Tom Knapp is the publisher of Rational Review.
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I can feel guilty about the past, apprehensive about the future, but only in the present can I act.
-- Abraham Maslow
In the third part of this series, I began an examination of schism in the Libertarian Party. This article is a digression of sorts ... and, at the same time, not. The Party faces imminent schism of a combination of types I have yet to examine dispassionately; schism over goals, priorities and methods, all rolled into one. Dealing with that schism is as good a way as any of explaining those types.
I had hoped to finish my examination of the phenomenon of party schism as a whole before moving on to current particulars, but events have forced my hand. Last weekend, at the convention of the Libertarian Party of Illinois, Justin Raimondo spoke on "Libertarianism in the age of empire." In his speech, Raimondo threw down an ideological gantlet which the Party has no choice but to take up:
While there are matters of detail on which I disagree with Mr. Raimondo (my personal anecdotal estimate is that the proportion of anti- to pro-war "libertarians" is closer to 80-20 than 95-5), and while I regard many pro-war "libertarians" as being libertarians who are in error rather than as "non-libertarians," the point is eloquently made.
And while I can recognize principled disagreement when I see it, the question is: can the disagreeing people, however principled, co-exist in the same political organization?
What Raimondo is saying is, "no, they can't -- at least not where the disagreement is about this issue." And he's right.
I tend toward the "open party" paradigm -- if you want less government and more freedom, you should be with the LP. That means that even though I am a "pro-life" libertarian, I can get along with "pro-choice" libertarians. And even though I am an "open borders" libertarian, I can get along with "states have the right to regulate immigration" libertarians. I don't have to agree with them on those issues; I can work with them on issues where more unanimity is involved and assume that, while they err on the issues where we disagree, they will eventually realize their error and correct it.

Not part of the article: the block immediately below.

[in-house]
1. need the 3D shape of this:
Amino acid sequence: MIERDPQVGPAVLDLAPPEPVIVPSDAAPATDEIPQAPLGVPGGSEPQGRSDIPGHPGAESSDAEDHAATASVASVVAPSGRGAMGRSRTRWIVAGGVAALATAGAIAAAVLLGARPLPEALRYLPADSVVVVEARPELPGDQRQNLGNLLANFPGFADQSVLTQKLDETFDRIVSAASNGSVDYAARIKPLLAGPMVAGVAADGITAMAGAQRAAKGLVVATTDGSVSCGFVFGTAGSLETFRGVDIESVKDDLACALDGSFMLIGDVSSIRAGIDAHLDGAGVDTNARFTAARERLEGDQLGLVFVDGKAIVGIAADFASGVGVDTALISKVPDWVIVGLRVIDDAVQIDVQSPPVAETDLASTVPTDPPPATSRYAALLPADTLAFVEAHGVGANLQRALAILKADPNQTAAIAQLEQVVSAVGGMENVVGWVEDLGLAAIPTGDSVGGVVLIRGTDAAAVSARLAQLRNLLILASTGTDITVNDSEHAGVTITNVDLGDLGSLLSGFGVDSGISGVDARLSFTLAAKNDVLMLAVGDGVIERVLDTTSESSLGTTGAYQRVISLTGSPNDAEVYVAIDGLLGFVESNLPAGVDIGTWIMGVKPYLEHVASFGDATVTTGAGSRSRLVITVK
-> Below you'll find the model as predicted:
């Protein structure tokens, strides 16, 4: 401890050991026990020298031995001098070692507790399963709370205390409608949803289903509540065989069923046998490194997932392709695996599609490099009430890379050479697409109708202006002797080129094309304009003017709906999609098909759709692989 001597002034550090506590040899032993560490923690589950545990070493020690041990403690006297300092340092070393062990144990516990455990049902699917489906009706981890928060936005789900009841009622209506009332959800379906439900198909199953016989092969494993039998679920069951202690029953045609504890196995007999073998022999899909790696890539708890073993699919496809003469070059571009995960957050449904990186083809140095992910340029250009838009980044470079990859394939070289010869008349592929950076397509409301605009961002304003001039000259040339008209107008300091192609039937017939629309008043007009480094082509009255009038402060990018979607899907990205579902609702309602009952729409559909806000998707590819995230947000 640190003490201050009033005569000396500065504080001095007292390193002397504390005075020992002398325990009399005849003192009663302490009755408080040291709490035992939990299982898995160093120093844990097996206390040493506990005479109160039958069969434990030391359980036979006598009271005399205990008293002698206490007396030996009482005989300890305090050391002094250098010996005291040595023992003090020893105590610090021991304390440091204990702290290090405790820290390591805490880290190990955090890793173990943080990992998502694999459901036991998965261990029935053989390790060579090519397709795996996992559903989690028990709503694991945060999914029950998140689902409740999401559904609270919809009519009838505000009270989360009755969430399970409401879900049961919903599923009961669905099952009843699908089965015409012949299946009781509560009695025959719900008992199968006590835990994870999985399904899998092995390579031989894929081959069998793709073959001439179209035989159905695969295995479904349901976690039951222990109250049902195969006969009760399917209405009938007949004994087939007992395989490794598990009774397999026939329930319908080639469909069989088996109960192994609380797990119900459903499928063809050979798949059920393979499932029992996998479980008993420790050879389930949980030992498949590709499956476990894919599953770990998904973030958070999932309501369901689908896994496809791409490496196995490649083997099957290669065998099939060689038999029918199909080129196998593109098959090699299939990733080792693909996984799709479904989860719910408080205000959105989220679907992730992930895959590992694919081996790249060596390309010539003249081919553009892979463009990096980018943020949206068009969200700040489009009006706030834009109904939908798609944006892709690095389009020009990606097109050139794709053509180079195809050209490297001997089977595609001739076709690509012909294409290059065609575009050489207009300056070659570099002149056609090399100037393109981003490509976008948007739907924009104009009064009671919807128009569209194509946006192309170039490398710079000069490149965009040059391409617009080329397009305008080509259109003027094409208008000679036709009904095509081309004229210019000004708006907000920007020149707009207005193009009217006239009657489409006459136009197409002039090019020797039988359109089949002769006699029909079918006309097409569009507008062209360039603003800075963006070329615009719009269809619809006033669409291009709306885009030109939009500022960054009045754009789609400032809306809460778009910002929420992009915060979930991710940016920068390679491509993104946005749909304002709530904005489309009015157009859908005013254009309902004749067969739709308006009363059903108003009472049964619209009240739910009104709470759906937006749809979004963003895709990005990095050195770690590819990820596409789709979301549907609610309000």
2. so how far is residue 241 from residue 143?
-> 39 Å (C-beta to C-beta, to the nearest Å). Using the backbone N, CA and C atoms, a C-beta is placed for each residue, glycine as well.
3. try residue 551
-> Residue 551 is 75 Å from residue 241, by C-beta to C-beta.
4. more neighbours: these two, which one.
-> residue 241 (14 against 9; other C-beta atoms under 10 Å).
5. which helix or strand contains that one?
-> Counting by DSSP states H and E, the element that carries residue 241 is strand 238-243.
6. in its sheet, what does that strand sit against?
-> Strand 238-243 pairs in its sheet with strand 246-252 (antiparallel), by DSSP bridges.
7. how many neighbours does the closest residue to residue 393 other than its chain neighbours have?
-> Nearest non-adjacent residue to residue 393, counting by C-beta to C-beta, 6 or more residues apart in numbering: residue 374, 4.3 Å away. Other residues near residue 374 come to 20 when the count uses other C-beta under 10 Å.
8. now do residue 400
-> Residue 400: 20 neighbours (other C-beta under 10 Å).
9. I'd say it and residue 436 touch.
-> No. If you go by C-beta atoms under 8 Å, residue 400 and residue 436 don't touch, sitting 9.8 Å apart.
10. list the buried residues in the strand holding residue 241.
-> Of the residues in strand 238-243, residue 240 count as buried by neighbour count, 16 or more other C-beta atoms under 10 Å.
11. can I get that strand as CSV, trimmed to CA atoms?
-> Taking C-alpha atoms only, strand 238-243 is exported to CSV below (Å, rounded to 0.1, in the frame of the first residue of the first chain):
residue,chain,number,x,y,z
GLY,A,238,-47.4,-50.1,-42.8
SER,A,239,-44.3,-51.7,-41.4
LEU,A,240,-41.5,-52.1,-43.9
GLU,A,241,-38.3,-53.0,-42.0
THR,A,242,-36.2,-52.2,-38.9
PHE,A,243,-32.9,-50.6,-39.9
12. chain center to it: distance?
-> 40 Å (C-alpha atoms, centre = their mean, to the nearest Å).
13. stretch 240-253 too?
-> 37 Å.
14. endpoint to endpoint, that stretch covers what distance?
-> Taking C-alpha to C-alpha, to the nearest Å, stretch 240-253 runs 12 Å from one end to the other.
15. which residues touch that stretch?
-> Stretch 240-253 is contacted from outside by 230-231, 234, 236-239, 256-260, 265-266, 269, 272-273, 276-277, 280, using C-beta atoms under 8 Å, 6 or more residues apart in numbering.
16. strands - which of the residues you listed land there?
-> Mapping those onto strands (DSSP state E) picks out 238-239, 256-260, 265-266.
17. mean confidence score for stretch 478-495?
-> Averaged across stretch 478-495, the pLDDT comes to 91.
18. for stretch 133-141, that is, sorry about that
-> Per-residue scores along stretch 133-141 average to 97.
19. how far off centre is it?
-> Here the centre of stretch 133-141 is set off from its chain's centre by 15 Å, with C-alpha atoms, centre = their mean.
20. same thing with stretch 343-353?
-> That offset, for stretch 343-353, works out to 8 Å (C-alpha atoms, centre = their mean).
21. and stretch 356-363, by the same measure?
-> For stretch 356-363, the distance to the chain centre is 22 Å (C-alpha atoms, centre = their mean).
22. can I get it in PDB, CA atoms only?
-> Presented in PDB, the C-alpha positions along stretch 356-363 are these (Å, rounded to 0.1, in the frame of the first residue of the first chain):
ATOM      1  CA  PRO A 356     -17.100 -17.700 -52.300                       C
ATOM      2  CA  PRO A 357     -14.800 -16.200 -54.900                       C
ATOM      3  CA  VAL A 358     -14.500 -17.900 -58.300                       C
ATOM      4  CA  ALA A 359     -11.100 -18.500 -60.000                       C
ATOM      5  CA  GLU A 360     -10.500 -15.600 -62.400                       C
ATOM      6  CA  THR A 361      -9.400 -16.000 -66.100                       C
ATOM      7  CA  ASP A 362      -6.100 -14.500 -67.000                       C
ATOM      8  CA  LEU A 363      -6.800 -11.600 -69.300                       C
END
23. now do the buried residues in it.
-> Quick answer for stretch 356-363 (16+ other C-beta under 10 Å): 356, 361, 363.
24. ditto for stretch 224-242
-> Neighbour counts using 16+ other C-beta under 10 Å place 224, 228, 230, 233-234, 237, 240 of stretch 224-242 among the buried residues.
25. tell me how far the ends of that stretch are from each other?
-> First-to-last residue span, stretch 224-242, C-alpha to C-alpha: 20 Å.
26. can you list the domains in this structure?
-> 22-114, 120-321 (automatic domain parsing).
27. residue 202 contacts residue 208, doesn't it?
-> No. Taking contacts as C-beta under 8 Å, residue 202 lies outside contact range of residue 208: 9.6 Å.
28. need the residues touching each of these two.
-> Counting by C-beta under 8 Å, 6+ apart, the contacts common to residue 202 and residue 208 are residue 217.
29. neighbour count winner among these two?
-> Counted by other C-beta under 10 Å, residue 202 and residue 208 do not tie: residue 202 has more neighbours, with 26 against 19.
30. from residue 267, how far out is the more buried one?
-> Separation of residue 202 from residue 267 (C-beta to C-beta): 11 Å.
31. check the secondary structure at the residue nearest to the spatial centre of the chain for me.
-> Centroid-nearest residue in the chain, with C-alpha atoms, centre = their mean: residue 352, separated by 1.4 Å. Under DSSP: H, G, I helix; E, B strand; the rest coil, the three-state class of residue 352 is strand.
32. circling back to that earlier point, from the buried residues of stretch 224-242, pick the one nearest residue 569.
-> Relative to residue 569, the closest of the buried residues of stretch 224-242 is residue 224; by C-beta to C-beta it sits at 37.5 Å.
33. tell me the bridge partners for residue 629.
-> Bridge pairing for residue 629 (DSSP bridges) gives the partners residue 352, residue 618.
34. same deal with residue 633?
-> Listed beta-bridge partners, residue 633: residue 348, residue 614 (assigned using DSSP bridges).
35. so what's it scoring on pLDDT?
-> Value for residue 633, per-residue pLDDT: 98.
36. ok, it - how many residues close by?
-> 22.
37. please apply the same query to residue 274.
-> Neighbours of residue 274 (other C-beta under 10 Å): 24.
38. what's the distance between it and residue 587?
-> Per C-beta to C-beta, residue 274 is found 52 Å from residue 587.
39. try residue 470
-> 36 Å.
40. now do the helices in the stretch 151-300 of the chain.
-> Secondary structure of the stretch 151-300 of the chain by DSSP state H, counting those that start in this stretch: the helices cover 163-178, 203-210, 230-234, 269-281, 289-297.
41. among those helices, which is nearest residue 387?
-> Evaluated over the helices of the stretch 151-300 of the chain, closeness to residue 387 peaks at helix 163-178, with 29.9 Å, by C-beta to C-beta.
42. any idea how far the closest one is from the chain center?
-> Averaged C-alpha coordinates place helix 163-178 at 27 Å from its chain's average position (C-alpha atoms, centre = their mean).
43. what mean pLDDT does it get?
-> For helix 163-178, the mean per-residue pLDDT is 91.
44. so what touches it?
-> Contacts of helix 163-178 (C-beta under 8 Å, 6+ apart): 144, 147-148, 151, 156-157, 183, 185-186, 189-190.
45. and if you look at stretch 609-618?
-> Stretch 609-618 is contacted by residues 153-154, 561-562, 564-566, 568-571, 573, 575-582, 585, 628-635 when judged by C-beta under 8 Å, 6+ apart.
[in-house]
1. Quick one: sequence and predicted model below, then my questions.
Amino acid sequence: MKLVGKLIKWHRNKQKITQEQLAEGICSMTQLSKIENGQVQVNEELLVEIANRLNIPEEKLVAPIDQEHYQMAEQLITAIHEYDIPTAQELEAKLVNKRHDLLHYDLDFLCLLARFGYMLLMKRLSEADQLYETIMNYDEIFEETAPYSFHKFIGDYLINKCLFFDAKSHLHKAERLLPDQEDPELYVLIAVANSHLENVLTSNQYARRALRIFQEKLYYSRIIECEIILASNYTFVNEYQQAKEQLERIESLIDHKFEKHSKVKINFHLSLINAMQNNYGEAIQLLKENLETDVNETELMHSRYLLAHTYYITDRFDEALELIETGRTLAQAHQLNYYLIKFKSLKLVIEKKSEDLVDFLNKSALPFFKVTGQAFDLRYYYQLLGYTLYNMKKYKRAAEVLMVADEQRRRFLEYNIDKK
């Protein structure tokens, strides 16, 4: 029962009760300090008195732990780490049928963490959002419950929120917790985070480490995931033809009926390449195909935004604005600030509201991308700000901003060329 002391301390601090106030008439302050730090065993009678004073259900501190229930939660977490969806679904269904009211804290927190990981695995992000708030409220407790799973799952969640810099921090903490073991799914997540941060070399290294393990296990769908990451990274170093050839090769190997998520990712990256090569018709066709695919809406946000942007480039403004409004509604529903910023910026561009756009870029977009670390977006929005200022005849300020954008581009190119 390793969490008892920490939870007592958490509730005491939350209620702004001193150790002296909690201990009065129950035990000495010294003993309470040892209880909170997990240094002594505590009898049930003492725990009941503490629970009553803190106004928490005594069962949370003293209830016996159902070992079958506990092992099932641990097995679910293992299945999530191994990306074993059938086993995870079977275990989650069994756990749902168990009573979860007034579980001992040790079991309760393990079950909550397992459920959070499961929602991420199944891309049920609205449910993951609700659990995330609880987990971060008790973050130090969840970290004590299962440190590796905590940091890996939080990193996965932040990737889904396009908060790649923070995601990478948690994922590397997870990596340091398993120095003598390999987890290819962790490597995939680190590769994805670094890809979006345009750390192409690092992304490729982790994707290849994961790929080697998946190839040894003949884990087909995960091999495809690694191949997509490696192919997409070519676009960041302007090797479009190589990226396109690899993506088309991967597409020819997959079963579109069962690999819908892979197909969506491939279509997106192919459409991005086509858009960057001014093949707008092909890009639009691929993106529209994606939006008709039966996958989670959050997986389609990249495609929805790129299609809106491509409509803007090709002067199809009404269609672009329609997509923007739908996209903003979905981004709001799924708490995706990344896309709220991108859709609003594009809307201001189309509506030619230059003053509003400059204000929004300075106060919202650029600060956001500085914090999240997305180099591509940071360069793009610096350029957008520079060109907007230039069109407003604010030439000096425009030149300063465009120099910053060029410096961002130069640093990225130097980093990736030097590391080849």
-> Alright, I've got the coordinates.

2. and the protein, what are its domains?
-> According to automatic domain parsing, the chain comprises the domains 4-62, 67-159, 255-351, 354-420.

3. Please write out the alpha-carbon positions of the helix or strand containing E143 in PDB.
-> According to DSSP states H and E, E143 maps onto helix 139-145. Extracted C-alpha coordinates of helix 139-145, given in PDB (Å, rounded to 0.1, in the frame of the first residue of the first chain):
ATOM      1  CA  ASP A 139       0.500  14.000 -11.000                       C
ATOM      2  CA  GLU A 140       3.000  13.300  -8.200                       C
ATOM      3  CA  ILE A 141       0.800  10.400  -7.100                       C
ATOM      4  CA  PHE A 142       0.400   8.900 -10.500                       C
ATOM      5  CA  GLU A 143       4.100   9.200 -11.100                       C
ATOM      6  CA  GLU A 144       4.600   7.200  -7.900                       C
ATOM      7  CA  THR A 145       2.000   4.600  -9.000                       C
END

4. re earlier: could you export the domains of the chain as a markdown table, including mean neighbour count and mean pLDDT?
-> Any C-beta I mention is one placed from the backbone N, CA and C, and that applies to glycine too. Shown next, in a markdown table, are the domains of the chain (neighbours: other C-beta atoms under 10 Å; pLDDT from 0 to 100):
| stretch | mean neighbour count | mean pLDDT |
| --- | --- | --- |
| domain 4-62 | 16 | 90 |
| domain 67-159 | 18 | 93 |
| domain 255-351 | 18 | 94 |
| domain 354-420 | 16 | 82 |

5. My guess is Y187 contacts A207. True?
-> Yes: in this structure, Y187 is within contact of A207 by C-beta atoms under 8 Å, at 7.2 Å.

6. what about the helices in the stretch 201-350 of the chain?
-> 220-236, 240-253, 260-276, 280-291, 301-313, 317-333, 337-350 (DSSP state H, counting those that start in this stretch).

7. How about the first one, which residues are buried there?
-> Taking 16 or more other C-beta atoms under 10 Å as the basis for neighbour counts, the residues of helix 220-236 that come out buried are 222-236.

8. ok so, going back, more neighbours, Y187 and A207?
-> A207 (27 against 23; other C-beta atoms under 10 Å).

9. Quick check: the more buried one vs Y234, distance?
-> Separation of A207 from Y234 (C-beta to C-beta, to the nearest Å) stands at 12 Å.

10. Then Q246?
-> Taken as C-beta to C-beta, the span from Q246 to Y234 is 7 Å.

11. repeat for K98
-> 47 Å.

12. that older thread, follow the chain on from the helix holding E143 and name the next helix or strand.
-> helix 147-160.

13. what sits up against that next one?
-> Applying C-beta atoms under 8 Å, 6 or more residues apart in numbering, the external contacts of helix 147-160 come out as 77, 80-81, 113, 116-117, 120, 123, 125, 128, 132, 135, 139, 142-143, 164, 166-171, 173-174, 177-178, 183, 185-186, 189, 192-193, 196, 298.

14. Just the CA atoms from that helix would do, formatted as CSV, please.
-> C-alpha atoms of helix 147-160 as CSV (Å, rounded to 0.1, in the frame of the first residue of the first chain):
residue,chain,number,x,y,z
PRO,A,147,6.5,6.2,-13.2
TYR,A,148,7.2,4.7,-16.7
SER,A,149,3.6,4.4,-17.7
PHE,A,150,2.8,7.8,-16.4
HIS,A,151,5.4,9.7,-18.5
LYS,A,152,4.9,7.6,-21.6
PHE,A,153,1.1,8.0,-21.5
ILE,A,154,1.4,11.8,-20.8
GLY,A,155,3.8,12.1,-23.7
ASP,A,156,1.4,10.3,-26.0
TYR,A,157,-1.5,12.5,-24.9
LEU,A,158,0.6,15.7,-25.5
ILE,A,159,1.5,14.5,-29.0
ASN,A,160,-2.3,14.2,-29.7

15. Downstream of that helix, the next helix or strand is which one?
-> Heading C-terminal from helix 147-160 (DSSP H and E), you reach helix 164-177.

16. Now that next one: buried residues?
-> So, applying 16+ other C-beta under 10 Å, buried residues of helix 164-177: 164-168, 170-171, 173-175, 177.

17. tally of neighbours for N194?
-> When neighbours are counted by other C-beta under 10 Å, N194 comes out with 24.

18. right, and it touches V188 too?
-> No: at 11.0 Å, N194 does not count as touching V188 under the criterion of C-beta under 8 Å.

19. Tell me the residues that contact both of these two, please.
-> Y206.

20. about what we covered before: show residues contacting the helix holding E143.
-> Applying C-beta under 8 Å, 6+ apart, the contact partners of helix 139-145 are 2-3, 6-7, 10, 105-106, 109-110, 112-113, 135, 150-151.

On the other hand, there are certain "core" issues that the movement and the Party simply can't afford to be significantly split on.
We can afford to have people in the LP who want drugs legal but regulated like alcohol, or who want to "phase in" legalization, possibly beginning with medical marijuana. They'll eventually come around, and progress can be made on those more focused goals while that happens. We can't afford to have a substantial faction advocate a continuation of the war on drugs and have that faction be seen as welcome in the LP. It just doesn't work. It's a "core" issue. It goes to the heart of what the Party is.
We can afford to have people in the LP who will accept "shall issue" permit systems instead of holding out for Vermonty carry for concealed weapons. They'll come around eventually; in the meantime we'll have made progress in the right direction. We can afford people who come out on the victim disarmament side of the ridiculous "should private citizens be 'allowed' to own nukes" debate, because it's not an issue that's really in front of us at the moment, and by the time it is, they'll have figured it out. We can't afford to have Sarah Brady as the keynote speaker at our national convention. We can't afford a substantial victim disarmament caucus in the LP. It's a "core issue." It goes to the heart of what the Party is.
There's no way the impending invasion of Iraq can be squared with the LP's platform or Statement of Principles. None. Zero. Zip. Zilch. Nada. I've watched a number of people try, and I've so far seen only one mildly persuasive argument from a libertarian perspective on the issue -- J. Neil Schulman's. Schulman doesn't allude to the LP, but instead uses Rand's "ethics of emergencies" and talks about a lack of "non-deprivatory alternatives" -- a valiant, if unsuccessful, effort.